Man arrested twice last week for threatening women is free; Sheriff calls for stricter standards

More charges against man accused of threatening Fisher employee

More charges against man accused of threatening Fisher employee

The Monroe County sheriff says lawmakers need to do better after a man arrested twice in the last week for threatening women — one time with a knife — was released from custody.

“I’m sitting home comfortably this weekend, and I’m thinking about that lady that defended her own life, I’m thinking about the other stalking victims that tolerated this probably for years,” Sheriff Todd Baxter said.

Last Wednesday, police say 19-year-old Shalom Mathews, armed with a knife, intended to tie up an employee at St. John Fisher University and sexually abuse her. He posted bail.

Two days later came more charges, this time for stalking.

News10NBC spoke with law enforcement about the disturbing allegations and whether Mathews should be behind bars right now.

The latest charges relate to two women in Brighton. They say Mathews stalked them on social media, sending them sexually explicit messages from anonymous accounts, some dating back to 2021.

Mathews, a St. John Fisher freshman, allegedly threatened a school employee with a knife. For that, he faces two felony charges: attempted kidnapping and attempted sexual abuse. He posted $30,000 bail and was released — and Brighton Police arrested him two days later on the stalking charge. He was released again, only this time on his own recognizance.

Now, orders or protection have been issued for the victims.

Court paperwork details the latest stalking charges. One victim is a recent Brighton High School graduate, and another is a Brighton High School teacher. The online messages mention groping, undressing, and forcible touching.

In court paperwork, the victims say they want Mathews arrested, and that they are in fear for their lives.

“Even with the totality of that information, we still don’t have the ability to detain someone just long enough to make sure they’re stable, make sure there’s a security plan for the victims, long enough to make sure he and his family have resources to keep him under control so he doesn’t recommit another crime,” Sheriff Baxter said.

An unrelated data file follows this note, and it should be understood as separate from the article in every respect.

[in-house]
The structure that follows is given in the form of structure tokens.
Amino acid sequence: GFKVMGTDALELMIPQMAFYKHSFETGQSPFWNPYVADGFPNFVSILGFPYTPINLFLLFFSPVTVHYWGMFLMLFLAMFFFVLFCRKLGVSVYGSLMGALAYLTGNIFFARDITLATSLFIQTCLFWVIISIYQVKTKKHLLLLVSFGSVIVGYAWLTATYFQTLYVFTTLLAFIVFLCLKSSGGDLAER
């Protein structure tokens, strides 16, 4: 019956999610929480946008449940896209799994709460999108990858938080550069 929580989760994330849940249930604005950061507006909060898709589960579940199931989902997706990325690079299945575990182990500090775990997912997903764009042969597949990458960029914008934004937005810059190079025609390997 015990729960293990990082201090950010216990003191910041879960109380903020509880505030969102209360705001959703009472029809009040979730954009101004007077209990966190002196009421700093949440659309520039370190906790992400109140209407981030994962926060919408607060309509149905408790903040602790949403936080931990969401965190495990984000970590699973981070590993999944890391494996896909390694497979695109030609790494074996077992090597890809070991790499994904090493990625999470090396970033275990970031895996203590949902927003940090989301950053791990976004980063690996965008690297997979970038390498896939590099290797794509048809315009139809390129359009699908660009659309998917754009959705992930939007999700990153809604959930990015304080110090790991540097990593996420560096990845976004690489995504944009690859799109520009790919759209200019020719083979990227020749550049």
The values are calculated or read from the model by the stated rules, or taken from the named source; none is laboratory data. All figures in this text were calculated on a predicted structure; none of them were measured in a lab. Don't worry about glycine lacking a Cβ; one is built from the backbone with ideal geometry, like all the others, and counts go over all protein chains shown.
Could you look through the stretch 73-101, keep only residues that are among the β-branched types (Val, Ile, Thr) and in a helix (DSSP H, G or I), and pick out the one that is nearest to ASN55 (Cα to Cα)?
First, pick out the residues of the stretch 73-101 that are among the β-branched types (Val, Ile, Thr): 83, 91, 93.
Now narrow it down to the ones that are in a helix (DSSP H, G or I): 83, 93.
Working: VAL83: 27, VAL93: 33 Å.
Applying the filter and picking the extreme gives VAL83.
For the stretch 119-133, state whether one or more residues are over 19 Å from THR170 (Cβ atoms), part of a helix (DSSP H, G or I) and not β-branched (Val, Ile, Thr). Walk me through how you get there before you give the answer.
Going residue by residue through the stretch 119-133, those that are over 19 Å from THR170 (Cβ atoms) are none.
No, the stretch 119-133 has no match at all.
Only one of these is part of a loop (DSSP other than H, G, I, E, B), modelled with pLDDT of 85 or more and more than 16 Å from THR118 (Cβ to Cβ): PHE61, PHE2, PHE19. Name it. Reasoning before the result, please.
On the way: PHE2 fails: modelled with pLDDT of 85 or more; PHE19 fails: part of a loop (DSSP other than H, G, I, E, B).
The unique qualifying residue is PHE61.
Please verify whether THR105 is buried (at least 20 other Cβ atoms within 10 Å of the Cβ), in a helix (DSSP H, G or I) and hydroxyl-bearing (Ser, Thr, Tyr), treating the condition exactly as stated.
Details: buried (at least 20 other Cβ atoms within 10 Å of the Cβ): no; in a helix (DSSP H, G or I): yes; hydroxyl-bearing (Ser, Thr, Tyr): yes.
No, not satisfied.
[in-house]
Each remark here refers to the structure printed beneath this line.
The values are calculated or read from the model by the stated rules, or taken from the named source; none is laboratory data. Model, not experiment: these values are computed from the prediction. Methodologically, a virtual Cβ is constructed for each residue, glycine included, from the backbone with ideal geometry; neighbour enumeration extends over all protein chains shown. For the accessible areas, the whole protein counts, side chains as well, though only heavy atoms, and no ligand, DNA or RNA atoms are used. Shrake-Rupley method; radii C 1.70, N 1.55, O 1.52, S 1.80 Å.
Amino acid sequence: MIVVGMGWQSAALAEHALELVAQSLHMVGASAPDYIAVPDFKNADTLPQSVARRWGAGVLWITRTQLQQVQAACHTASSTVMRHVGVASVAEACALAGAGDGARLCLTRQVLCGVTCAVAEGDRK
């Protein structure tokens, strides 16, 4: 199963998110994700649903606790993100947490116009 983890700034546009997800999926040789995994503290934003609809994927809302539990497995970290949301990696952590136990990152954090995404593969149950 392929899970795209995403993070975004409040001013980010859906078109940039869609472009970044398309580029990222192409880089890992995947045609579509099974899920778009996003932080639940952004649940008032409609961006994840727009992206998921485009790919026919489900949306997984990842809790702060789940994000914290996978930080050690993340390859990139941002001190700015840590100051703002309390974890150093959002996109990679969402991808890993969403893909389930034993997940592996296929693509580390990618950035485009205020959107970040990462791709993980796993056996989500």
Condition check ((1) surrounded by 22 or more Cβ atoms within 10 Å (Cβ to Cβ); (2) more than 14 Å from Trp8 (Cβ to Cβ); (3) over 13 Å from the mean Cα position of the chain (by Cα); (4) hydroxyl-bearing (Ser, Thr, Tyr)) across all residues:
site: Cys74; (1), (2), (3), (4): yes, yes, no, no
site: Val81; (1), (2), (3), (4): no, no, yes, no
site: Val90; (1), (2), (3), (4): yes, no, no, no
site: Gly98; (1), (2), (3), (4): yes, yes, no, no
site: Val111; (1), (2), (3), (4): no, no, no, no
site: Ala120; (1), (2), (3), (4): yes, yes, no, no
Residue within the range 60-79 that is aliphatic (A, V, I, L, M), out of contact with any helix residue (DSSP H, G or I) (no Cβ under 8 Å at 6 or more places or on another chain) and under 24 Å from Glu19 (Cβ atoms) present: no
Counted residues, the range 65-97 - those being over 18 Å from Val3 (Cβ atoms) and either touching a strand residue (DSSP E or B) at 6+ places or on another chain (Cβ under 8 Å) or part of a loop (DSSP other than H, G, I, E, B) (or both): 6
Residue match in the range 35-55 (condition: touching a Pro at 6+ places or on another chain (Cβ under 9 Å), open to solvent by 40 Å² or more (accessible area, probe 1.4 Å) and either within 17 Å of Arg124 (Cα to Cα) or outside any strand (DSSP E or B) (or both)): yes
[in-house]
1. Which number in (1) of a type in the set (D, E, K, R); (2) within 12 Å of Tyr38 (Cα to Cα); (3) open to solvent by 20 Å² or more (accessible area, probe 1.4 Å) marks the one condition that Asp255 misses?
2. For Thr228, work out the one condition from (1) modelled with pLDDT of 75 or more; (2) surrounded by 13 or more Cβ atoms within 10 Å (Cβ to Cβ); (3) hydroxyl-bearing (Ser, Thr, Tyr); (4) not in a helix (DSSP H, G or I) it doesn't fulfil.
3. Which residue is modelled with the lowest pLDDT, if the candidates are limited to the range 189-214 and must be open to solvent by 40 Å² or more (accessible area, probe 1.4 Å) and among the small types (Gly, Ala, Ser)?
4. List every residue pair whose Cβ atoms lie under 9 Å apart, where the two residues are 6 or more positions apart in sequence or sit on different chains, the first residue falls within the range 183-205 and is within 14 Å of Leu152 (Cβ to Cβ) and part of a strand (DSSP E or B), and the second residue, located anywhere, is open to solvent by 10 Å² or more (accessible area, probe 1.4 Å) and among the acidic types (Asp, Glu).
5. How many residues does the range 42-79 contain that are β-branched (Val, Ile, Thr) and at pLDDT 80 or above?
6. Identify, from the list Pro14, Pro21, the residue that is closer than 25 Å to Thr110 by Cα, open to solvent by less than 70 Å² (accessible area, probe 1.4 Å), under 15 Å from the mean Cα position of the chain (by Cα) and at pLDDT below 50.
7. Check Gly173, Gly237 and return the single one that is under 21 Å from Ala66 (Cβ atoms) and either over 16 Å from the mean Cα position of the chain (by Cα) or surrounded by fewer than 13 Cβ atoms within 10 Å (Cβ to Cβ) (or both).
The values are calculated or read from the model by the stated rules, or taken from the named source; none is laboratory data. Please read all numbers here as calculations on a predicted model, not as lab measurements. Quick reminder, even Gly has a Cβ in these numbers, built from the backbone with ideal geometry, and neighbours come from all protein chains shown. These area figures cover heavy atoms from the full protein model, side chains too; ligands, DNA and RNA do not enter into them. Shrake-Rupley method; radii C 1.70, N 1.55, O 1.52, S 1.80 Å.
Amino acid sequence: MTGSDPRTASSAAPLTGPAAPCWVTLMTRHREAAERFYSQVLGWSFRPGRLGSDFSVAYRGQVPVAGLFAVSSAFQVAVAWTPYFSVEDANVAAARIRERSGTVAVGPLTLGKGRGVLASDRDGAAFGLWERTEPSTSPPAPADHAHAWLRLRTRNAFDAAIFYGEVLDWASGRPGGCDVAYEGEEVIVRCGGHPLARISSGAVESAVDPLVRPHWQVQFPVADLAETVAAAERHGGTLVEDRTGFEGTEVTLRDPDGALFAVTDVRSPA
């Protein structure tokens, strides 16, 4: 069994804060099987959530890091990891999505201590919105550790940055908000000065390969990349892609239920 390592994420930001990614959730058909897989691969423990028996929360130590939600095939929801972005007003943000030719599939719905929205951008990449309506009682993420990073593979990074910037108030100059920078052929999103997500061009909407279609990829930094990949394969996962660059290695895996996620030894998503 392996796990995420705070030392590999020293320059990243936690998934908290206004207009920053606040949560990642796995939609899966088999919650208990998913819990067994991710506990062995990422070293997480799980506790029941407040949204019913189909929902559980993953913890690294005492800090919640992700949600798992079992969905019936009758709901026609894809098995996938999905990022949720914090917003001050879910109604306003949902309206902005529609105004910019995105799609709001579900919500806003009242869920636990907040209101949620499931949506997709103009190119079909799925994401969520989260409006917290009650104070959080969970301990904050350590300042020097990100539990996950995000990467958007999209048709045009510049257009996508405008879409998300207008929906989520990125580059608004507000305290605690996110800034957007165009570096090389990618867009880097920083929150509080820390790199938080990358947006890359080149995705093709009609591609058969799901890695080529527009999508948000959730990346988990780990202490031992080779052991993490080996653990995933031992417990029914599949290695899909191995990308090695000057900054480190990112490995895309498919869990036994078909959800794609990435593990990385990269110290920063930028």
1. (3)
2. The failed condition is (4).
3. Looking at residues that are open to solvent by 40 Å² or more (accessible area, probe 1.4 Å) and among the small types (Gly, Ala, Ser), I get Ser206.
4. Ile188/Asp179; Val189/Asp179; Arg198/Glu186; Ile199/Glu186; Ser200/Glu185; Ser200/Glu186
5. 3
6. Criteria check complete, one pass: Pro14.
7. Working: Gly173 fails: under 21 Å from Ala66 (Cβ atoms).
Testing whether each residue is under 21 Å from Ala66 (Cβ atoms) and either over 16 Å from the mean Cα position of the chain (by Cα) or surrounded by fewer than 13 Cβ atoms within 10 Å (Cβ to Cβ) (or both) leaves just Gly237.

Brighton Police Chief David Catholdi said: “This case was unique because it wasn’t just a one-time communication or even two-time, this was repeated course of conduct.”

The chief added, “I would tell anybody, you know, keep your social media accounts as private as you can. It’s very difficult, we live in a digital age, a lot of those settings are open to the public.”

News10NBC spoke Tuesday afternoon with Mathews’ attorney, who had no comment.

But police allege in court paperwork that Mathews admitted to sending the messages, before feeling guilty, and then doing it again once the guilt passed.

News10NBC has reached out to the governor’s office for comment on Baxter’s call for stricter standards. A spokesperson sent us these remarks made by the governor during an appearance in New York City Tuesday.

She said: “Last year, we gave judges more discretion. You all know the budget was one month late, because I held it up to make sure I could get the discretion back to judges that they no longer would simply use the least restrictive means when considering bail. That is history. That is not the law. It has come to my attention that there are still some judges applying that standard. So, we’re talking to the Office of Court Administration, enhancing education, saying, “No, the law has since changed, it has gone into effect and that would be having gone into effect since May of 2023.” So, I’m anticipating that we’ll see a change in results when you look one year from now, but these new laws have only been in place less than a year. So, I’m just saying to the judges, use the tools that we’ve now given you to protect New Yorkers.”

Mathews is due back in Brighton Town Court on March 11 and Pittsford Town Court on April 25.